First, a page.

I’ve tried starting this review at least eight times. I start with a cliché…delete. I start with a synopsis…delete. I start with a star count…delete. I start with a quote (then realize the ARC says I can’t quote)…delete. I start with a book memory…okay, let’s start there.
Many of my friends will say that their favorite book by Colleen Hoover is Hopeless. I remember Hopeless. I remember loving Hopeless. But it wasn’t until Maybe Someday that a Colleen spark lit inside me. And then I had to devour everything else by her. I mean, who would think a story with a love triangle would become my favorite romance of all time? But, as you know, it’s so much more than that. There’s a depth to it. There are layers. There are flaws. And because of which, there is a realness to it.
This is what I love about All Your Perfects. There’s a depth and there are layers and flaws. There’s a heaviness to it. It’s not something to be feared. Rather, just go with it. Let yourself process. Digest what you can. Don’t rush.
My reading experience with AYP was different from any other book I’ve read by Colleen. I had to read it in chunks. And, no, it’s not because one of us is a faster reader. It’s not because I didn’t make enough time during the day. It’s not even because I was trying to savor it. It was out of necessity. Because this book will stretch you. It will make you see things in a new way. You may have preconceived ideas, but in typical Colleen fashion, she will spotlight the shit out of them so that you have to—you have no choice but to—see something else. And it is truly illuminating.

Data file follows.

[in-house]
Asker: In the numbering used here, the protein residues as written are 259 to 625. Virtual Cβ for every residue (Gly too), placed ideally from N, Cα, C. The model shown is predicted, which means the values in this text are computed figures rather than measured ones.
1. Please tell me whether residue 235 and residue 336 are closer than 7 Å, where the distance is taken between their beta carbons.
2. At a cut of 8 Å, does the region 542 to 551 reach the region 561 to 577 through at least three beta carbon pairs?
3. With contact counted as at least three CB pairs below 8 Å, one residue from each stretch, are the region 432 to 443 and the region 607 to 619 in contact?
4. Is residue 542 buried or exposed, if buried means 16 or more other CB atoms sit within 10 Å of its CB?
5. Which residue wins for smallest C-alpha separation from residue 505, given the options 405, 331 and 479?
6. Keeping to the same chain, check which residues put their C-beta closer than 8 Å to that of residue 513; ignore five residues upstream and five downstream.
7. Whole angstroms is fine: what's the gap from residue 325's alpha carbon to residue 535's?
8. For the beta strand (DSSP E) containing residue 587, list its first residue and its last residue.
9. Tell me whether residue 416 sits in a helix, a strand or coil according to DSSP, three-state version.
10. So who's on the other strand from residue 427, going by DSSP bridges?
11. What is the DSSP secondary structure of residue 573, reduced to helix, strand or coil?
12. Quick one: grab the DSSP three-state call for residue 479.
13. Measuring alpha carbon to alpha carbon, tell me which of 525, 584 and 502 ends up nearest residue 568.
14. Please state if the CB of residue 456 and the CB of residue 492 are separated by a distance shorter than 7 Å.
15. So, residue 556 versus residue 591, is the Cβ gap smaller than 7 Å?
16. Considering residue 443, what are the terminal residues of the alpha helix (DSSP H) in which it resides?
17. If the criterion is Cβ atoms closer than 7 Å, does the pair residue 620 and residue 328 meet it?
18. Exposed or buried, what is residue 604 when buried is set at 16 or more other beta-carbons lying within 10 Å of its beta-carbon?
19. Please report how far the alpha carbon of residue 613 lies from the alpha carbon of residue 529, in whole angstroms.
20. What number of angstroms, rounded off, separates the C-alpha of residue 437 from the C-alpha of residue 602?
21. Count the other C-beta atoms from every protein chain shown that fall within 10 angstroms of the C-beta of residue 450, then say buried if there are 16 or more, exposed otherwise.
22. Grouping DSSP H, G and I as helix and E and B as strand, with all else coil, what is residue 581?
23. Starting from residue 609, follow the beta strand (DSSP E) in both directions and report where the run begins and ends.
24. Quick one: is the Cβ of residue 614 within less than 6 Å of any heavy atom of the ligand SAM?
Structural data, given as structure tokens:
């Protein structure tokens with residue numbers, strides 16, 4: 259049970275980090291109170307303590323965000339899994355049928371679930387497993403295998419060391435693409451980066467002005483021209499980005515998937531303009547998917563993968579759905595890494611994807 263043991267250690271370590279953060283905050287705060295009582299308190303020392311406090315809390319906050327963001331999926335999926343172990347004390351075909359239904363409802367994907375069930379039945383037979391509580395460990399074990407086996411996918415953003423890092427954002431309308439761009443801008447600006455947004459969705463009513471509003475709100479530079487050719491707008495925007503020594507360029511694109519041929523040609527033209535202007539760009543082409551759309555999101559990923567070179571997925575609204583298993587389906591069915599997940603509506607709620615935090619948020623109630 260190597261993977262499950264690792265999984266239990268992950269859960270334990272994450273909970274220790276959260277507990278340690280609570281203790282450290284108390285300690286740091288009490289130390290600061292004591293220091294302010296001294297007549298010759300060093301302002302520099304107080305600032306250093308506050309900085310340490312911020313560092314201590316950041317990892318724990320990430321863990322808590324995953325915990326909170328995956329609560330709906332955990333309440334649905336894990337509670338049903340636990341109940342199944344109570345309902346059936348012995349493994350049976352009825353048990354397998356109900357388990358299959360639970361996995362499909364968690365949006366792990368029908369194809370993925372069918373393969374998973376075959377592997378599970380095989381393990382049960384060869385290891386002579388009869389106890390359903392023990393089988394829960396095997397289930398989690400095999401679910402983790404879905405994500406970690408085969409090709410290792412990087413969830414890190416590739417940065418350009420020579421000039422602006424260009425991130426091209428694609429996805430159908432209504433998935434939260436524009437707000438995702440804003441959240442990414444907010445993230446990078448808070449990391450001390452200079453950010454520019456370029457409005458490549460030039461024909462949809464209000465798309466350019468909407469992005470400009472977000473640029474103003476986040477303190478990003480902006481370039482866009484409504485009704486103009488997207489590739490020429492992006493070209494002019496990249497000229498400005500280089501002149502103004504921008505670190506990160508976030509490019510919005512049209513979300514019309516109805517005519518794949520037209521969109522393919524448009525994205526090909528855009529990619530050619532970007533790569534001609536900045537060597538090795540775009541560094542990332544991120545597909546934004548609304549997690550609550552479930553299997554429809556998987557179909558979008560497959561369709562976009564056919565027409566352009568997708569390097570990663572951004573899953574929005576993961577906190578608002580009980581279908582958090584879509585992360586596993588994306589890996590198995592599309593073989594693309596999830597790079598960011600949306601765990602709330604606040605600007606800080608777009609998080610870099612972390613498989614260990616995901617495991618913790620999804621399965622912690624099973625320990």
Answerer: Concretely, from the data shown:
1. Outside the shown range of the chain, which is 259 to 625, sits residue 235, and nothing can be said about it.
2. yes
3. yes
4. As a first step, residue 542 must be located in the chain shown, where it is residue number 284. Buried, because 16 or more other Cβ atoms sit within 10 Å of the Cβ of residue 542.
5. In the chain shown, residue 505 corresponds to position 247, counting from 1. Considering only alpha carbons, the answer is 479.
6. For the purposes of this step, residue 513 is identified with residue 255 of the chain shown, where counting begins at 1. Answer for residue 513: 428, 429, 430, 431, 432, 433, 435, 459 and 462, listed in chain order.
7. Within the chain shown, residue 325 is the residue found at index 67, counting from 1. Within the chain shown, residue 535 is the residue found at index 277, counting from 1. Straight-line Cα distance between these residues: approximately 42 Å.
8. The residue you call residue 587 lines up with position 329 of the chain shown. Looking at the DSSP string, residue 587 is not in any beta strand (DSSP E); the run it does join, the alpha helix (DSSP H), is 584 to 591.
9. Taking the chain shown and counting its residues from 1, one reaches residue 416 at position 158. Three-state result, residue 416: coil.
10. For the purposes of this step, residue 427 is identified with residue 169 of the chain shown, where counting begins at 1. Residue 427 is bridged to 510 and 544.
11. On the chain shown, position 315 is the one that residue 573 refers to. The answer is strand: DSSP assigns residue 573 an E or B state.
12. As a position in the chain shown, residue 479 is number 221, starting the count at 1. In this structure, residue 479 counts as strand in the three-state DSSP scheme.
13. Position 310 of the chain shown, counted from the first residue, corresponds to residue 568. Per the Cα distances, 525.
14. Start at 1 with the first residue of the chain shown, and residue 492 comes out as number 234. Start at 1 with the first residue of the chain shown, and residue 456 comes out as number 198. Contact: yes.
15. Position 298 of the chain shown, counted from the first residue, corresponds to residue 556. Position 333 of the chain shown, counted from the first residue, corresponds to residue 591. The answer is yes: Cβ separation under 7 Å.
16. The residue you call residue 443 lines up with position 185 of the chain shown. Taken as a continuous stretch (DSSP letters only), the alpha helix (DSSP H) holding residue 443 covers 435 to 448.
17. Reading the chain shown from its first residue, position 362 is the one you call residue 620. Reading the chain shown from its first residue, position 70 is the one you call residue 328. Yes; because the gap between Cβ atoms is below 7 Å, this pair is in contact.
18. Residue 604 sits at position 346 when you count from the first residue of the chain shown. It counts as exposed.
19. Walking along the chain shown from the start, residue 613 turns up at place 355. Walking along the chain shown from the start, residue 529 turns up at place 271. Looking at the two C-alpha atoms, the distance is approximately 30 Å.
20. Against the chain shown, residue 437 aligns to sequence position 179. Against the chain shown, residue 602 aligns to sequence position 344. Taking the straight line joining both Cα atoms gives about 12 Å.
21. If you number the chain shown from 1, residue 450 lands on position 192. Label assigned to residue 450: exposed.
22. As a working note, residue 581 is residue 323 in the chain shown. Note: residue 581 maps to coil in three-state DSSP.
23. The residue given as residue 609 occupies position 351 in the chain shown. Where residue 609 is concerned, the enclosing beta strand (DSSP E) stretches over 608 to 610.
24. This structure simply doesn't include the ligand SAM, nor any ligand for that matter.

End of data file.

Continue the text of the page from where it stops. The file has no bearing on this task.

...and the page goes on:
For me, personally, this was a story of healing. I learned something about myself, my husband, my marriage. Colleen has no idea who I am, but she got me. And she’ll get a lot of you too. Because that’s what she does. She tells stories that are real, even if they’re hard to write, even if they’re hard to read. And it’s because of her truth-telling that I too have to tell the truth: All Your Perfects is all kinds of perfection. Come July, you may have a new favorite CoHo book.
What. The. Hell. Is. In. My. Eye?
For the record, I don’t cry. Not because I am some unemotional freak or because I am too macho to cry, but because I normally process emotions in a different way. I can feel emotional; it just doesn’t usually come on as actual tears. When I was little, I remember my dad always yelling at us to “turn it off!” anytime we cried. I’d be in the midst of the ugly cry when I’d babble out, “I don’t have a switch,” as I’d put my hand on my temple, proving there was no switch to turn it off with!